By struggling to squeeze the same pre-COVID content into a school day that for the most part is structured significantly different, we are exhausting ourselves. And our students. And it worries me. Because with a somewhat heavy heart, I've come to realize that we're in this for the long haul. Even if a vaccine was to be introduced tomorrow, the impact of the last ten months will permeate our society for years to come. It would be an impossible task to attempt to compensate for all that we have lost. 

And so, we need to give ourselves, and those around us, "permission" to let go of some things in order to focus on those elements that are essential to a school community: relationships, connections, curiosity, exploration and a love of learning. 

My son was a member of the graduating class of 2020, otherwise known as a "Quaren-Teen". Rather than traveling the world as he had originally planned, he is working full time on an organic vegetable farm. He may or may not return to school at some point. He has no idea what he wants to do in the coming years. And I'm totally ok with that. Because he is still learning. He is still growing. We've both had to let go of our pre-COVID plans and expectations in order to make space for new plans and adjusted expectations. 

Learning during a pandemic should look different. And not just because hand sanitizer and masks feature prominently in our schools. But because we have shifted our teaching and learning to address what is truly essential for the success of our students in this new reality.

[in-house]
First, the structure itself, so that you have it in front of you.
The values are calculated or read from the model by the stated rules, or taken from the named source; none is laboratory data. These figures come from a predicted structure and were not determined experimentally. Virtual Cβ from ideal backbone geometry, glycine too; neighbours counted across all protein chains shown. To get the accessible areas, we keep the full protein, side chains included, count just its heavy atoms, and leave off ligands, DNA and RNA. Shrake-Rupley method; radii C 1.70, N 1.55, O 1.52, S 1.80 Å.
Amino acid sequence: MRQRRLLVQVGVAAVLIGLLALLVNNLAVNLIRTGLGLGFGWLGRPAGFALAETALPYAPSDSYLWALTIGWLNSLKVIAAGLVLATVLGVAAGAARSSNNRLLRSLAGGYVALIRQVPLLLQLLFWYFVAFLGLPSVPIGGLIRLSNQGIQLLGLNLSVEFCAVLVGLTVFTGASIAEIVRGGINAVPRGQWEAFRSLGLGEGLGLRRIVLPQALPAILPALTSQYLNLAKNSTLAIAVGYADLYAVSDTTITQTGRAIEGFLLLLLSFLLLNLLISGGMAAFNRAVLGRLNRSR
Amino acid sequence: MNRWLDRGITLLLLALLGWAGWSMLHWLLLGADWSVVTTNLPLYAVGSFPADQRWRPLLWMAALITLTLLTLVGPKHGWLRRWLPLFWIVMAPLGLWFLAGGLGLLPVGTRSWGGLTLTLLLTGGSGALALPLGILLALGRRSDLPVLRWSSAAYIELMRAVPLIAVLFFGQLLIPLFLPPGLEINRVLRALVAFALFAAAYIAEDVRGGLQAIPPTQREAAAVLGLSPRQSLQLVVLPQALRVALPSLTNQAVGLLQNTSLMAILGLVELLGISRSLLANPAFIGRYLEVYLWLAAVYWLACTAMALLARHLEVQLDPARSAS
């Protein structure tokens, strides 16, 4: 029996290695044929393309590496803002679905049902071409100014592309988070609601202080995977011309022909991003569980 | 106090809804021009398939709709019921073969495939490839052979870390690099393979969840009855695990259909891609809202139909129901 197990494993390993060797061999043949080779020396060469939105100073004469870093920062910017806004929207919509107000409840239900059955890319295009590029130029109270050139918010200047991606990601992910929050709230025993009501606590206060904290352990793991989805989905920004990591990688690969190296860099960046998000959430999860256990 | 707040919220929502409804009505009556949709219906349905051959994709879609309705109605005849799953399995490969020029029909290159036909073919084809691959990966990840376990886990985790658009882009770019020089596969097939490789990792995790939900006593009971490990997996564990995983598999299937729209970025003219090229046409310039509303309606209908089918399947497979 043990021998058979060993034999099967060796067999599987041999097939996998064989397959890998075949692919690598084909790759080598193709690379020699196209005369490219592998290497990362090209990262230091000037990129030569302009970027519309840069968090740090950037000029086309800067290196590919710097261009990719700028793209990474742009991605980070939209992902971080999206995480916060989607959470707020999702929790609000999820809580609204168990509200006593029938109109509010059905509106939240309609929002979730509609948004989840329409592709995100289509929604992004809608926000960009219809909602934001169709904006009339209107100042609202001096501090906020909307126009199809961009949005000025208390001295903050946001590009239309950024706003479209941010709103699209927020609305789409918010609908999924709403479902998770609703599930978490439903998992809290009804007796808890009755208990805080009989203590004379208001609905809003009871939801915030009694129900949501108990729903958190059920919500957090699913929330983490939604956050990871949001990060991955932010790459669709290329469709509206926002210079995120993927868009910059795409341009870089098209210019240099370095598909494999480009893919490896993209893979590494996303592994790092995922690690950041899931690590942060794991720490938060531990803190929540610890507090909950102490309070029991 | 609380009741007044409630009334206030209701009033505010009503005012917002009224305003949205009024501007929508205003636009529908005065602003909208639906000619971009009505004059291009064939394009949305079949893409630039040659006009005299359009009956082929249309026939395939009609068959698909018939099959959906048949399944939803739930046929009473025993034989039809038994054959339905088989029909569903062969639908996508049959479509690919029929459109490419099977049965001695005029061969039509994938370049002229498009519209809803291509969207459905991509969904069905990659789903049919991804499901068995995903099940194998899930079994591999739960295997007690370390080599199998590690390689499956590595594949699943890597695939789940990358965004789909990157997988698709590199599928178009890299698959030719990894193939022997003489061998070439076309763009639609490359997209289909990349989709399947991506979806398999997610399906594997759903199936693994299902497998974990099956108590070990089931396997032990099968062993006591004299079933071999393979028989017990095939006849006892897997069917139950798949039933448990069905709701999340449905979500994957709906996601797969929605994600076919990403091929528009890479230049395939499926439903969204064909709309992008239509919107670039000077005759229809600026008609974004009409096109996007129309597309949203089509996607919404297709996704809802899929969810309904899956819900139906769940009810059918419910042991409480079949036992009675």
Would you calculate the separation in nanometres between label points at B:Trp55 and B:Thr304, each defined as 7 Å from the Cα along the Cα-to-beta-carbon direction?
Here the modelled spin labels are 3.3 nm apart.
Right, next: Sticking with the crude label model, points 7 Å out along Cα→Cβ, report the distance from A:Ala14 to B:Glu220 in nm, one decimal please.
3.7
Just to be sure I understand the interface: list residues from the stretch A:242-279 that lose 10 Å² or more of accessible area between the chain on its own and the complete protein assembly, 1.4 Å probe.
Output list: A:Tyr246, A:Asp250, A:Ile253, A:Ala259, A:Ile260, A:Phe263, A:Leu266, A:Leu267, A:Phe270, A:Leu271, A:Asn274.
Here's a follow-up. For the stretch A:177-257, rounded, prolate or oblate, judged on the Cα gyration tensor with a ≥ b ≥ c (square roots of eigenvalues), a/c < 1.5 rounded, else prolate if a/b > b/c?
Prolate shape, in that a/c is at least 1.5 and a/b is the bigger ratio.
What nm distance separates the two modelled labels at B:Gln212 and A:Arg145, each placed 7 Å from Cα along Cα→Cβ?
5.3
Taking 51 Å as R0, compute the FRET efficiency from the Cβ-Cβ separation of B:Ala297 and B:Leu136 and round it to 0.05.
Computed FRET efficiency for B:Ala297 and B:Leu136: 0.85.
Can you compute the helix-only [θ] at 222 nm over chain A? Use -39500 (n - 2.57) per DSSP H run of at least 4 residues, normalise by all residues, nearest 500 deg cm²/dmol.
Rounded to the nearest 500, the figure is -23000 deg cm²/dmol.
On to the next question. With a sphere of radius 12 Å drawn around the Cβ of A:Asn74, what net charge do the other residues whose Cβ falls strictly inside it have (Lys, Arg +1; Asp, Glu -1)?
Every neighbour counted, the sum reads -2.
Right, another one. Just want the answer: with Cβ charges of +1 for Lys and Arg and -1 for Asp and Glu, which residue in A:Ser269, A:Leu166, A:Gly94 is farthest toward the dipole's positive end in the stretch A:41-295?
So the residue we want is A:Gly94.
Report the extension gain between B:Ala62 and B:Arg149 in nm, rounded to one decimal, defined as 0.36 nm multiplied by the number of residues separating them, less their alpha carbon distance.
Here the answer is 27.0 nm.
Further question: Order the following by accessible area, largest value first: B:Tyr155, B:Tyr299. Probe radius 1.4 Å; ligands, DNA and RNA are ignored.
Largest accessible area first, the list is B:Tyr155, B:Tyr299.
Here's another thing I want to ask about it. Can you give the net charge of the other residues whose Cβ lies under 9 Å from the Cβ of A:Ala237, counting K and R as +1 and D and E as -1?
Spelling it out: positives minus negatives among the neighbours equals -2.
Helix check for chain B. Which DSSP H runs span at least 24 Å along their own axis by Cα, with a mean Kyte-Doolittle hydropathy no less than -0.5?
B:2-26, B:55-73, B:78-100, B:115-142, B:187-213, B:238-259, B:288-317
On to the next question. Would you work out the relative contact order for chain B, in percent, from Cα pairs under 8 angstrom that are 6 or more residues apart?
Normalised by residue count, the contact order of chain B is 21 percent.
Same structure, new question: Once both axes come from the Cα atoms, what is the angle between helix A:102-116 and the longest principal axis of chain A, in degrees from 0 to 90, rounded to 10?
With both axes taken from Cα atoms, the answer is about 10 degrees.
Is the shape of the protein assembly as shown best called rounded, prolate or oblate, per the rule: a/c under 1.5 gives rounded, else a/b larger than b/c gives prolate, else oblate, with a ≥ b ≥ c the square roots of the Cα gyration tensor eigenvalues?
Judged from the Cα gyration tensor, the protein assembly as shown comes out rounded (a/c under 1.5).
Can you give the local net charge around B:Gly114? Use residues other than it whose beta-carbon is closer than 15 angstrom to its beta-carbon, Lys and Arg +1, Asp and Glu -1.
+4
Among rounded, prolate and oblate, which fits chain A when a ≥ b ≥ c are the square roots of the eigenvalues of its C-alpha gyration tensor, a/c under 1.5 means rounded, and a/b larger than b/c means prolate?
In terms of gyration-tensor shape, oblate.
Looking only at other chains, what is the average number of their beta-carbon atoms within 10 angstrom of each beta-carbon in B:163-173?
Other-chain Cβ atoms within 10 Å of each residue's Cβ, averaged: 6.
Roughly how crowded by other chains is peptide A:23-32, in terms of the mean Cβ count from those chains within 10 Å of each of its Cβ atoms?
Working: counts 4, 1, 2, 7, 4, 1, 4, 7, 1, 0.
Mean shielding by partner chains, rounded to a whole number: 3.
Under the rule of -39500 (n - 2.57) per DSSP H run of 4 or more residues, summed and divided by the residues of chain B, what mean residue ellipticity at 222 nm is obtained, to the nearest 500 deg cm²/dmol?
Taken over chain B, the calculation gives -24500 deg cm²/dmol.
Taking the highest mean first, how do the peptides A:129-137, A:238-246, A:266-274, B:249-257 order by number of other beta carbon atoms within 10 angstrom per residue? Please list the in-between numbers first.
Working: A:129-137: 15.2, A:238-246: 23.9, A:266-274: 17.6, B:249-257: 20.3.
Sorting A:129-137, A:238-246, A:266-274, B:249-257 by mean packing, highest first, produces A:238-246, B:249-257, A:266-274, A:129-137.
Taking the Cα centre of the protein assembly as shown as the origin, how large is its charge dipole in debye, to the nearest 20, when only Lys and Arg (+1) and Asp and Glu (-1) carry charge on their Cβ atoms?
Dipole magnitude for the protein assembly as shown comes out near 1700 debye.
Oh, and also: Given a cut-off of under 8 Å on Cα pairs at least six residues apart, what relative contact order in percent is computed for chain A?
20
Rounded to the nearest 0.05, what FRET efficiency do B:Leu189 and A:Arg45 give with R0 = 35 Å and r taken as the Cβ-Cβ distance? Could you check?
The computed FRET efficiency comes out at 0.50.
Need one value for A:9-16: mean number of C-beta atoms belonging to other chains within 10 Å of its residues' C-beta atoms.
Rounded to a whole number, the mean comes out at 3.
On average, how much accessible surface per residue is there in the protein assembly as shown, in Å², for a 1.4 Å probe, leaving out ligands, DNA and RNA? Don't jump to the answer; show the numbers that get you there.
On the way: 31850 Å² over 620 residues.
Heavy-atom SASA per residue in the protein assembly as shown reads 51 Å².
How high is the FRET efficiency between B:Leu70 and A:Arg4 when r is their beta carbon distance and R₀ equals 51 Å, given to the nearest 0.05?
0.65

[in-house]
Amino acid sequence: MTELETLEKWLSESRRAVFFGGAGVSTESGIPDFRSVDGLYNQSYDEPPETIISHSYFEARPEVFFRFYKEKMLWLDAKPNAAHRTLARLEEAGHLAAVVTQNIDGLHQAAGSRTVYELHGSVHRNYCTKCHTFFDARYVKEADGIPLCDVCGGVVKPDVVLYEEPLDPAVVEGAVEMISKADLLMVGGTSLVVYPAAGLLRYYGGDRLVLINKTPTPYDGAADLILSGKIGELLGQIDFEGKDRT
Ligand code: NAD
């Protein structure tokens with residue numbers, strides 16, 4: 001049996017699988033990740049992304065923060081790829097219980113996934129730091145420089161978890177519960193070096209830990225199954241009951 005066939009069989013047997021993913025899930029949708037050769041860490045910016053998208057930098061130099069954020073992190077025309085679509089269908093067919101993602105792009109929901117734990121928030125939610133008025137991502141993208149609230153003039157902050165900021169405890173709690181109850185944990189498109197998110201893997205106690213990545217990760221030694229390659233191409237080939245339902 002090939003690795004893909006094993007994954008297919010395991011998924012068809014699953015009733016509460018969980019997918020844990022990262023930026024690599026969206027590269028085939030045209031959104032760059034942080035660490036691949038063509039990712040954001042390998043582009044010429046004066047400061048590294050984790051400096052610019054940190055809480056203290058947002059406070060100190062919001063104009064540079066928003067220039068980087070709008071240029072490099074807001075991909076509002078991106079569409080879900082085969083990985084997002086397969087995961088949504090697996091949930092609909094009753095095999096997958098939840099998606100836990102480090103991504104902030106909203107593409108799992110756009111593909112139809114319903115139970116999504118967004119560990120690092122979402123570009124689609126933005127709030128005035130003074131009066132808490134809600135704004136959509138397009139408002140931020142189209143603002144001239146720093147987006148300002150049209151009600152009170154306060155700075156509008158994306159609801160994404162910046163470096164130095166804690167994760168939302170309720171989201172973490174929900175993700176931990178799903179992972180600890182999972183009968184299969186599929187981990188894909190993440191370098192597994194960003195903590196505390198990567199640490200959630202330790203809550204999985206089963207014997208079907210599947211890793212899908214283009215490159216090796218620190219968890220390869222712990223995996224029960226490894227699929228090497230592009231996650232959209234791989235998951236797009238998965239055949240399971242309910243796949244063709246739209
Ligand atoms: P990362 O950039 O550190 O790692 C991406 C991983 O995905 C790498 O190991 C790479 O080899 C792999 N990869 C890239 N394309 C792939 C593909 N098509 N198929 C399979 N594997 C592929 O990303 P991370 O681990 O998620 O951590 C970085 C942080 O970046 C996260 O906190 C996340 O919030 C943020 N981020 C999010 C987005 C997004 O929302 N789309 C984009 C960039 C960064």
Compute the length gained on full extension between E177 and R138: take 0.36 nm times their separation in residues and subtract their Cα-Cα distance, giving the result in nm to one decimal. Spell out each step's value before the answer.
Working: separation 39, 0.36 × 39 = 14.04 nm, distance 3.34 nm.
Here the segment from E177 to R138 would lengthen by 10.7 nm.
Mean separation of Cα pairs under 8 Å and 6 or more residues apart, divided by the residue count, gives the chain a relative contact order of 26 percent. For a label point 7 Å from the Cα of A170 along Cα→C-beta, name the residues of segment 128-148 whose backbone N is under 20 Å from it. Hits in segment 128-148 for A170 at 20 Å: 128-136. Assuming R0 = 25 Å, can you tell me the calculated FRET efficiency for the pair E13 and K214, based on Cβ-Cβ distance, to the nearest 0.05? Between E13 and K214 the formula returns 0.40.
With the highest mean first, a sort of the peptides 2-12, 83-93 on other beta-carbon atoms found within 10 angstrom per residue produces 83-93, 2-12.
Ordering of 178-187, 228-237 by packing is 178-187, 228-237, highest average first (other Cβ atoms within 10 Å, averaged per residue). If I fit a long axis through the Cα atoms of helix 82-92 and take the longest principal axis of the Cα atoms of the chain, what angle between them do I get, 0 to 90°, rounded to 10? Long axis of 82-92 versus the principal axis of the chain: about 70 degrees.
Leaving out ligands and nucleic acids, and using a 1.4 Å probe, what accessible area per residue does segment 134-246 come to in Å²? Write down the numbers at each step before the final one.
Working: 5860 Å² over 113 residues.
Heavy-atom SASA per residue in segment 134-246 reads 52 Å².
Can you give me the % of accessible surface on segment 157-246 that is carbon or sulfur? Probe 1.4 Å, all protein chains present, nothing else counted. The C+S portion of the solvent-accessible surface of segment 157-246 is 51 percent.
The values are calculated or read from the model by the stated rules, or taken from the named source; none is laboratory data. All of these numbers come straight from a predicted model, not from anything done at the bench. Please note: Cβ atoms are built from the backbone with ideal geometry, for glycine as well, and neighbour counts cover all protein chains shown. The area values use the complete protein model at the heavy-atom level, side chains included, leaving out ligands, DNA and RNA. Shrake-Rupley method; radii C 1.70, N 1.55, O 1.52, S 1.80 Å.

Sunday, 13 September 2020

Managing Change - Our New COVID Reality


At my core, I am a creature of habit. I would suggest that for the most part, many educators are. We like structure and routine, predictability and patterns. Change is uncomfortable. And unsettling. It is an unknown element that fills many of us worry and stress. But I have also come to understand that in that place of uncertainty, growth and learning happens. Learning happens on the edge of understanding.

In many ways, this pandemic has forced us to re-examine long-held systems, to re-envision which aspects of our traditional structures best serve our communities. It has been an opportunity. With so much "new-ness", innovation and change is a constant. And for the most part, we have come to accept that. 

But with change, comes anxiety. It is palpable in our communities. It is real. And it can be debilitating. And so I am mindful of doing my best amidst all of this "new-ness" to also offer the security and stability of familiar routines and structures. 

The next few months will be about finding a balance. A balance between the new and the familiar. A balance between those things that must be implemented, and those things that we can take the time to examine. reflect upon and consult. 

I am in a new city, in a new district, at a new school. But like my fellow educators, one element remains the same - we will do our very best to support our students.